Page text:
“I always tried to bring energy, I always tried to bring light and joy and intensity to what I was doing,” Moore said. “I hope people saw me as someone who gave all she had in what she was doing. Whatever play it was, whatever moment I was engaging with the person, I tried to give my all in those moments.
“But also somebody who looked beyond the craft that I pursued and tried to value people. Having a proper perspective, having a healthy life-giving perspective about where people fit into this journey of life that we’re in. Just someone who never gave up, whether it was being down in a game and trying to help the team come back or not giving up on a person, like Jonathan. Or just persisting through the grind of every year. I tried to finish the things I said ‘yes’ to.”
Sports Illustrated called Moore the greatest winner in the history of women’s basketball. That path began in the Atlanta area, where Moore was one of the best athletes in state history.
She was the Naismith Prep Player of the Year and National Gatorade Player of the Year at Collins Hill, becoming the top recruit in the country in 2007. The Eagles went 125-3 and won three state championships in her high school career. She scored 2,664 points and secured 1,212 rebounds. In July, Max Preps named her one of its top 20 athletes of the past 20 years.
Moore won consecutive national championships with UConn, as the Huskies went 150-4 over her collegiate career, including a 90-game winning streak. She twice won AP College Player of the Year (2009, 2011), the John Wooden Award (2009, 2011) and Naismith College Player of the Year (2009, 2011). She was a three-time Big East Player of the Year and won NCAA Tournament Most Outstanding Player in 2010.
The Lynx drafted Moore No. 1 overall in 2011. She won four WNBA championships with Minnesota and two Olympic gold medals with USA basketball (2012, 2016). Among her other accolades: WNBA Rookie of the Year (2011), WNBA Finals MVP (2013; which she won in Atlanta – “To do that in one of my home states, such a sweet memory,” she said), WNBA MVP (2014) and being named on Time’s 100 Most Influential People (2020).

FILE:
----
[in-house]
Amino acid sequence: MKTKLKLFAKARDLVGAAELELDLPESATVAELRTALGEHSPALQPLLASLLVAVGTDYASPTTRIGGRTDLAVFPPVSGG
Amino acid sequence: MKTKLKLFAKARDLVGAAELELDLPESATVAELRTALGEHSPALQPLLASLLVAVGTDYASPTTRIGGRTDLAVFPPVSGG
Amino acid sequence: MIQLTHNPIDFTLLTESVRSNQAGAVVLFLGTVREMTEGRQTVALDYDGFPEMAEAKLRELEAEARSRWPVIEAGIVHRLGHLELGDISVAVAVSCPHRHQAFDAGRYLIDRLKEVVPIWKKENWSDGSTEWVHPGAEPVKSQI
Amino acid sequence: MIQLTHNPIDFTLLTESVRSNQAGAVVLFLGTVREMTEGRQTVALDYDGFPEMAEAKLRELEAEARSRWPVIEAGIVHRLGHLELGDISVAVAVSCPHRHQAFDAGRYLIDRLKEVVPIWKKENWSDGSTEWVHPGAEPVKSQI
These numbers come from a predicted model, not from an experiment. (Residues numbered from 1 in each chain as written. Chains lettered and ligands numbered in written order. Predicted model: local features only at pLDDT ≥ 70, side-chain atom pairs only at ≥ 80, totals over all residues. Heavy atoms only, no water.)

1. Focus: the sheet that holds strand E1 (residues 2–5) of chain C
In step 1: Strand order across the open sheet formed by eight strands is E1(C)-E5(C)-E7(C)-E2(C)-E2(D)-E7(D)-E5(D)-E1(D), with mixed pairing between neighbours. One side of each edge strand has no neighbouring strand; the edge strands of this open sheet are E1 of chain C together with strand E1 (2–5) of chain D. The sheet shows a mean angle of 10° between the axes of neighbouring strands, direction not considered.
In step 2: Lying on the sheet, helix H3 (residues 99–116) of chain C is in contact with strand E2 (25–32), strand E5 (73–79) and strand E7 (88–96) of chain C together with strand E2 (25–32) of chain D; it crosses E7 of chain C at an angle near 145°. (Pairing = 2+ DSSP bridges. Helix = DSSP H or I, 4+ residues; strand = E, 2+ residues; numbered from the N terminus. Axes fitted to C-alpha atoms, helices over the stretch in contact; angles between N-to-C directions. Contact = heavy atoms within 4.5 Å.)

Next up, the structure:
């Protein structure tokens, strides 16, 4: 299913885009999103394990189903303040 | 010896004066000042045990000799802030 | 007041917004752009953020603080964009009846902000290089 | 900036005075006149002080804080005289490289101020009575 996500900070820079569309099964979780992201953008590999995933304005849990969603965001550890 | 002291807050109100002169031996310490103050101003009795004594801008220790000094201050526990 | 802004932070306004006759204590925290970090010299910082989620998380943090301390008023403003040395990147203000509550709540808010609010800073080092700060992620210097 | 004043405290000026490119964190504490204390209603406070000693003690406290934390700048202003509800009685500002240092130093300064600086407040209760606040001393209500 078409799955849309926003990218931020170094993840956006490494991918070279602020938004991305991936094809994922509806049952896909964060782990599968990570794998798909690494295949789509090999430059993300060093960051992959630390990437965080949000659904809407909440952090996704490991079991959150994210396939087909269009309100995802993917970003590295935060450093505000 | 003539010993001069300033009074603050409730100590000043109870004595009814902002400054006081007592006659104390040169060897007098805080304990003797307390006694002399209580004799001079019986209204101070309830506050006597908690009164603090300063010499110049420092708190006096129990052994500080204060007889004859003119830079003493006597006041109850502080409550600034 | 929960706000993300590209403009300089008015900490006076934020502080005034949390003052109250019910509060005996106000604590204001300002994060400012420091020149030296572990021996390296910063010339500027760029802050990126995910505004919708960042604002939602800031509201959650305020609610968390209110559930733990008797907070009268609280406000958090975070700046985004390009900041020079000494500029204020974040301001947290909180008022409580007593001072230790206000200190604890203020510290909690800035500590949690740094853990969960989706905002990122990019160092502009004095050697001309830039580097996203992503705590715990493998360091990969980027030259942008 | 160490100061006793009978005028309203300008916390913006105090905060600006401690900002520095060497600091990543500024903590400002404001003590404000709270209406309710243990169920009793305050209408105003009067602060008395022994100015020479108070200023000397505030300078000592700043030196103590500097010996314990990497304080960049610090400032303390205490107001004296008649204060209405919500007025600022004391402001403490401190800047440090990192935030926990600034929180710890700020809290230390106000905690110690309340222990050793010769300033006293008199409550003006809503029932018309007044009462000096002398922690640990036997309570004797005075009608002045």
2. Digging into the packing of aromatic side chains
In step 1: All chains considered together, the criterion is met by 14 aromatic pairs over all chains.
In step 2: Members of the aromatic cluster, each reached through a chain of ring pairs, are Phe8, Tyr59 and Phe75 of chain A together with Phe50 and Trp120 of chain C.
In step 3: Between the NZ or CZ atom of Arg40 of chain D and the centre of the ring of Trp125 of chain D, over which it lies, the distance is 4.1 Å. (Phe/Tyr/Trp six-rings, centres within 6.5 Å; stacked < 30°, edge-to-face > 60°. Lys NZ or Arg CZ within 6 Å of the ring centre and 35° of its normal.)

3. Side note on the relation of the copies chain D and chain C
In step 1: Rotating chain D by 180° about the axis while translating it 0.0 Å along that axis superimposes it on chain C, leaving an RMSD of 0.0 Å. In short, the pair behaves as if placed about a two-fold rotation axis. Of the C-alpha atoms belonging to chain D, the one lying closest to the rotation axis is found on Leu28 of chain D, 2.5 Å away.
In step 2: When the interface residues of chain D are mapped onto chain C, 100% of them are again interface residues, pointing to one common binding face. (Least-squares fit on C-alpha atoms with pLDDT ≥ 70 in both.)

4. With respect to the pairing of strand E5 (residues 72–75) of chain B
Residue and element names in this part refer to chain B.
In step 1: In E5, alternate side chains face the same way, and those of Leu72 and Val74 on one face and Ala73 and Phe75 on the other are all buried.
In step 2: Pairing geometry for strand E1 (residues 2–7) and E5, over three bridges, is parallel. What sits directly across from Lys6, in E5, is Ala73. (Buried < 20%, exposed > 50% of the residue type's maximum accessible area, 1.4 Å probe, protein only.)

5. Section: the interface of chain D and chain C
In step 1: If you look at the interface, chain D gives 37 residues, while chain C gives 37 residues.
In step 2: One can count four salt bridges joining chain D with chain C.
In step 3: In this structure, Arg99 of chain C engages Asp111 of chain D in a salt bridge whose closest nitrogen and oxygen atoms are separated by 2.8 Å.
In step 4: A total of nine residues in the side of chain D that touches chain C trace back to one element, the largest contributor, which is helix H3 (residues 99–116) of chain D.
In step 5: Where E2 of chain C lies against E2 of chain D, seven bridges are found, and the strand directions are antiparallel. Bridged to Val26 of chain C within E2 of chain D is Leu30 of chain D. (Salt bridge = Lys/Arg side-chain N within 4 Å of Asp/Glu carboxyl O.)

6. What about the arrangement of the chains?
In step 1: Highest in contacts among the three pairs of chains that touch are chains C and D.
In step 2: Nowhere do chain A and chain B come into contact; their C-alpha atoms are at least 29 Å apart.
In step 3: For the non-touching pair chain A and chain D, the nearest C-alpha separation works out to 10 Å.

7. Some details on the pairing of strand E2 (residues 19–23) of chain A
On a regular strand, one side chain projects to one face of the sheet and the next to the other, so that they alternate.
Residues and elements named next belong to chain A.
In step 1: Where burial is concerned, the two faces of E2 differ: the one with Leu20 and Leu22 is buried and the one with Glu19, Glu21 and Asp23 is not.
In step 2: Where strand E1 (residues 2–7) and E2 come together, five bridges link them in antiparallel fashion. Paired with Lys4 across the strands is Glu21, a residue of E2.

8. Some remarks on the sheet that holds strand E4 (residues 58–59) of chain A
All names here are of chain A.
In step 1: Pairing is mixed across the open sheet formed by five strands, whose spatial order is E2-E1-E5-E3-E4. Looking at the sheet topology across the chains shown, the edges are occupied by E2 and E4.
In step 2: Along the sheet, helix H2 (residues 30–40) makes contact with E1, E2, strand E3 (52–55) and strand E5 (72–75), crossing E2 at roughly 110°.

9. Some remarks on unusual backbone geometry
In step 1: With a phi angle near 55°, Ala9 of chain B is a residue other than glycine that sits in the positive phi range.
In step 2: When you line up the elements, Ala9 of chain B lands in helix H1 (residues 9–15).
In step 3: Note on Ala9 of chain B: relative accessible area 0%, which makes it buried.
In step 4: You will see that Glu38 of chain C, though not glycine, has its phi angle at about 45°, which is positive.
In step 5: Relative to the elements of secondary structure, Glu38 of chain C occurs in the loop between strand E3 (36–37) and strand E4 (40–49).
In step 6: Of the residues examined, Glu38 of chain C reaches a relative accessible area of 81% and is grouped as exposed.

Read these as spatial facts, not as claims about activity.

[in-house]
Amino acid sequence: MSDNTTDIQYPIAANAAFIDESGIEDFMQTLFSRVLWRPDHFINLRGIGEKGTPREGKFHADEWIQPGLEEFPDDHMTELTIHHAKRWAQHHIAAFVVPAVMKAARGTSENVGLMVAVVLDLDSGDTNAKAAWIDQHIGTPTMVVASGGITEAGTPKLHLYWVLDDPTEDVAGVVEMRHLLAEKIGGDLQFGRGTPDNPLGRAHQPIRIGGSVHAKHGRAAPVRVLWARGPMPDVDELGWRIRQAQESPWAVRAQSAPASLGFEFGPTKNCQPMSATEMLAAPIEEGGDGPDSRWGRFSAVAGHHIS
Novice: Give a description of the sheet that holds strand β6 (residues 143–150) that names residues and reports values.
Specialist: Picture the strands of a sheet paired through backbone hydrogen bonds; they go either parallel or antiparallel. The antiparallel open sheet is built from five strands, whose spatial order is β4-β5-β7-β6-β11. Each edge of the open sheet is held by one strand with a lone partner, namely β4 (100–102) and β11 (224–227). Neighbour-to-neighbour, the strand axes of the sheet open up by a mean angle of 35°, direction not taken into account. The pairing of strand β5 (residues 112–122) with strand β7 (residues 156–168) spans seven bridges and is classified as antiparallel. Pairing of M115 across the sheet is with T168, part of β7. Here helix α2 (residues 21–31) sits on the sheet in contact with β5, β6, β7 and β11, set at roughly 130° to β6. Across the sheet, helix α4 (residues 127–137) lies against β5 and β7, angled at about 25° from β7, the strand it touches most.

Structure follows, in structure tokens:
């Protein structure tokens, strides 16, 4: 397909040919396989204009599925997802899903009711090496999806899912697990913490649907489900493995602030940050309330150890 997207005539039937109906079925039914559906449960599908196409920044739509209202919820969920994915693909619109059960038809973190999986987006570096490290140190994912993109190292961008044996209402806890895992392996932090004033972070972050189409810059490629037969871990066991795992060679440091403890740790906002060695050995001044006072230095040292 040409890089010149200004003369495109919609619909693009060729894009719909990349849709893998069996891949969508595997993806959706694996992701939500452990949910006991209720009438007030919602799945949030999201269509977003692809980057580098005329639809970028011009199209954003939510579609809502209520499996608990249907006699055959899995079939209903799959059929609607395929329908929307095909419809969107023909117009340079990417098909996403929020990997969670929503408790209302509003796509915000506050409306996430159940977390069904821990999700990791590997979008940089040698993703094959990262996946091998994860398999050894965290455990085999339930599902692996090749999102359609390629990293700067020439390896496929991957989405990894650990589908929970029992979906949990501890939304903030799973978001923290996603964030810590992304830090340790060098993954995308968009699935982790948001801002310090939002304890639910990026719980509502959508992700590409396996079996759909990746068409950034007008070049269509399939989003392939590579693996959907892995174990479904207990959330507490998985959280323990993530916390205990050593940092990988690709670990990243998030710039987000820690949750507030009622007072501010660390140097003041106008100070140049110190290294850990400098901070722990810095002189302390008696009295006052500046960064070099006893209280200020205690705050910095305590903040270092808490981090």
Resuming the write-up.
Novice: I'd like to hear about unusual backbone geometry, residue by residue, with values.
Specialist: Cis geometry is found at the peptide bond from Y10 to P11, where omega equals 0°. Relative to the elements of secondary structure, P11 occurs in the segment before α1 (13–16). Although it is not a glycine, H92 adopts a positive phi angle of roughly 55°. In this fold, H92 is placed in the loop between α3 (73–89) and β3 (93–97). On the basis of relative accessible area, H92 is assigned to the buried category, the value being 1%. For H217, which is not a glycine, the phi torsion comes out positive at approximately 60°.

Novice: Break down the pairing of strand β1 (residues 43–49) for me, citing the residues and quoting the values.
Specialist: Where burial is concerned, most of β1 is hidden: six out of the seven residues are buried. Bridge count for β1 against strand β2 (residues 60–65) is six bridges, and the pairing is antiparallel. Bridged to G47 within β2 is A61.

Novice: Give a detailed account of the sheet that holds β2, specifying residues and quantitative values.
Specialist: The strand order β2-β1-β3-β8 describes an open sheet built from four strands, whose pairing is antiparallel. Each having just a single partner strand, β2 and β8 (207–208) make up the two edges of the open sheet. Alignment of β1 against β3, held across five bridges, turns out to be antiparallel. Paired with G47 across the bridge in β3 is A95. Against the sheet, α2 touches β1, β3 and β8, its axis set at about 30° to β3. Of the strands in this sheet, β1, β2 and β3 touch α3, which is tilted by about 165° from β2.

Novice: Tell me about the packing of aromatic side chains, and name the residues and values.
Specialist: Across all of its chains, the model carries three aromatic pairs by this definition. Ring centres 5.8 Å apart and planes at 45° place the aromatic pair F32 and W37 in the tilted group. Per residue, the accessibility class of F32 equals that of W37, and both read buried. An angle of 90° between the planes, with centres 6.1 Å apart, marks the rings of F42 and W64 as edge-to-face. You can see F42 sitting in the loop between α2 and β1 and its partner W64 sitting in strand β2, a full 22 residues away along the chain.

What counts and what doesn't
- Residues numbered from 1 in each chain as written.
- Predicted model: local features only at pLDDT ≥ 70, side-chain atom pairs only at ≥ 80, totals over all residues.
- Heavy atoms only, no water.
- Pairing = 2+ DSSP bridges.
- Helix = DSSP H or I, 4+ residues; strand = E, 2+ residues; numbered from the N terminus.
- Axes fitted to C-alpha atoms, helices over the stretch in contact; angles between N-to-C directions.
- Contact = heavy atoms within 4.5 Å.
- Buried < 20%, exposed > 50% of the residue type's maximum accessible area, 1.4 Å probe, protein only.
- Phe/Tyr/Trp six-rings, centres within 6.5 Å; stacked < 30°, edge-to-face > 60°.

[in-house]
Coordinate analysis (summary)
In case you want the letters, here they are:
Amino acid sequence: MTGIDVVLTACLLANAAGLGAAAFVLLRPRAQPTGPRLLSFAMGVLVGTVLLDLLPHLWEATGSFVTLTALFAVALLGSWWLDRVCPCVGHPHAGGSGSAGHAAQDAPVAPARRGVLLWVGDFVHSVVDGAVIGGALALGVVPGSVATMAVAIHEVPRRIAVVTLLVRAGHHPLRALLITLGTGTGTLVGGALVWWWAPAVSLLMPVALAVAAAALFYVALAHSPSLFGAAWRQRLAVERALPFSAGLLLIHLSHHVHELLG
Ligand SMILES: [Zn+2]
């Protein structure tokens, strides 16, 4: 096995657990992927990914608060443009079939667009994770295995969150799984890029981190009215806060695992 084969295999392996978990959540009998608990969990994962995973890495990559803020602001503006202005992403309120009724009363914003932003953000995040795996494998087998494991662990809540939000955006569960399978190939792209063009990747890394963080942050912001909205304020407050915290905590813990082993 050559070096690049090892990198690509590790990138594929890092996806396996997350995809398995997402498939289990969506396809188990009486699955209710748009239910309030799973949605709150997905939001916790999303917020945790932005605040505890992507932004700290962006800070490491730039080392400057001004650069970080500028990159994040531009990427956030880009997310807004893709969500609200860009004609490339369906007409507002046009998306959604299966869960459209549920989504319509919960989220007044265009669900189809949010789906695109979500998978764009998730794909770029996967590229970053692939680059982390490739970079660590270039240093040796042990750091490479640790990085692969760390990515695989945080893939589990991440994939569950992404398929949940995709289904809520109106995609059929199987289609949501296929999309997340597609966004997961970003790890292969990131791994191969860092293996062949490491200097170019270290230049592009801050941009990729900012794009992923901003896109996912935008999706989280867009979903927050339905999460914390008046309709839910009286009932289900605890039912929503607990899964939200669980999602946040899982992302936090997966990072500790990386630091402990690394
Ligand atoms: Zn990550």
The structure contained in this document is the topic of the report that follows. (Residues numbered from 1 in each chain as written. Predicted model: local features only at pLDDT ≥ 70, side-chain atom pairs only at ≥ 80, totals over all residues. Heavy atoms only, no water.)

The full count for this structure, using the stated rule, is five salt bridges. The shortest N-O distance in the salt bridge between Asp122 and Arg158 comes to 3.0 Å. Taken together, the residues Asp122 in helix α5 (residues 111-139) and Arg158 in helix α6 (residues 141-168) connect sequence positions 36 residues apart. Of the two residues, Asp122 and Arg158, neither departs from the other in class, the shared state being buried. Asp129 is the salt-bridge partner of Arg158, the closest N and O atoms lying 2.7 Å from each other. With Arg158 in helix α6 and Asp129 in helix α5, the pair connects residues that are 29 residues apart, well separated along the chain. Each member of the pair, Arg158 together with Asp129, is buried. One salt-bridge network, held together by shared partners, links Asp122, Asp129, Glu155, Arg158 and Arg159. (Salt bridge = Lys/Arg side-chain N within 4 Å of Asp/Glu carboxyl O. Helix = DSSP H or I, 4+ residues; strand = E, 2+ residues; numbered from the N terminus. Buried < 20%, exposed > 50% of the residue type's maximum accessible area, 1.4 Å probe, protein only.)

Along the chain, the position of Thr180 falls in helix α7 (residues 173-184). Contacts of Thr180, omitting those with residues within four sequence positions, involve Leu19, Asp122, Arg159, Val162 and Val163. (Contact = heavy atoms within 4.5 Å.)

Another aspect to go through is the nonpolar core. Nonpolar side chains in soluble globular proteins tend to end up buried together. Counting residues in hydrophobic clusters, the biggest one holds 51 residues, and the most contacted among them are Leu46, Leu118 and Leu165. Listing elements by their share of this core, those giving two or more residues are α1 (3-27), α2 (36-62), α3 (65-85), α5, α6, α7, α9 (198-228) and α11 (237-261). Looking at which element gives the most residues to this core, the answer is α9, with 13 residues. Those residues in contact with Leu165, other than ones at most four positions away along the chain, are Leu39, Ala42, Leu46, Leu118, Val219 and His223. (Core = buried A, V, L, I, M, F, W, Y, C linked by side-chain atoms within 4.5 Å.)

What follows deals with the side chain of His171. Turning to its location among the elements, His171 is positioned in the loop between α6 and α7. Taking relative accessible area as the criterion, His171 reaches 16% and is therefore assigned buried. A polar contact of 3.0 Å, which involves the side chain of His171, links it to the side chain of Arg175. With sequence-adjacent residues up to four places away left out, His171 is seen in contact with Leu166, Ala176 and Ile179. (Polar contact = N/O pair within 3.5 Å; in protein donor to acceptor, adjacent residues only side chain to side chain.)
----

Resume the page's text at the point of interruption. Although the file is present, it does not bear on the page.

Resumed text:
“I couldn’t have written this story like this,” she said. “This has definitely been unexpected, but at the same time, it’s been really thoughtful, planned and prepared. That’s life, right? A lot of it is unexpected, but you also try your best to be prepared. That’s basketball, too. You don’t know how the game will unfold, but you do your best to prepare.”
While Moore missed her teammates, she said she was too centered on her work the past four years to have been truly tempted to return to basketball. Moore will continue focusing on social advocacy, community work and criminal justice reform.
“I think whenever you pause and stop something great to say there’s something more important, that gains attention, as it should,” Moore said. “That actually ended up bleeding into my life, getting the courage to say, ‘Let’s hold on and give attention to what matters most,’ which are people, and people thriving, and people’s well-being. Our personal story with Jonathan was just at the forefront for me over these last few years and shifting away from the game.
“I just hope people take away from this the heartbeat of what we were trying to do, which was being more human and more caring and more compassionate, and also saying it’s OK to grieve what’s worth grieving.”
Moore will be eligible for the Naismith Memorial Basketball Hall of Fame in 2024.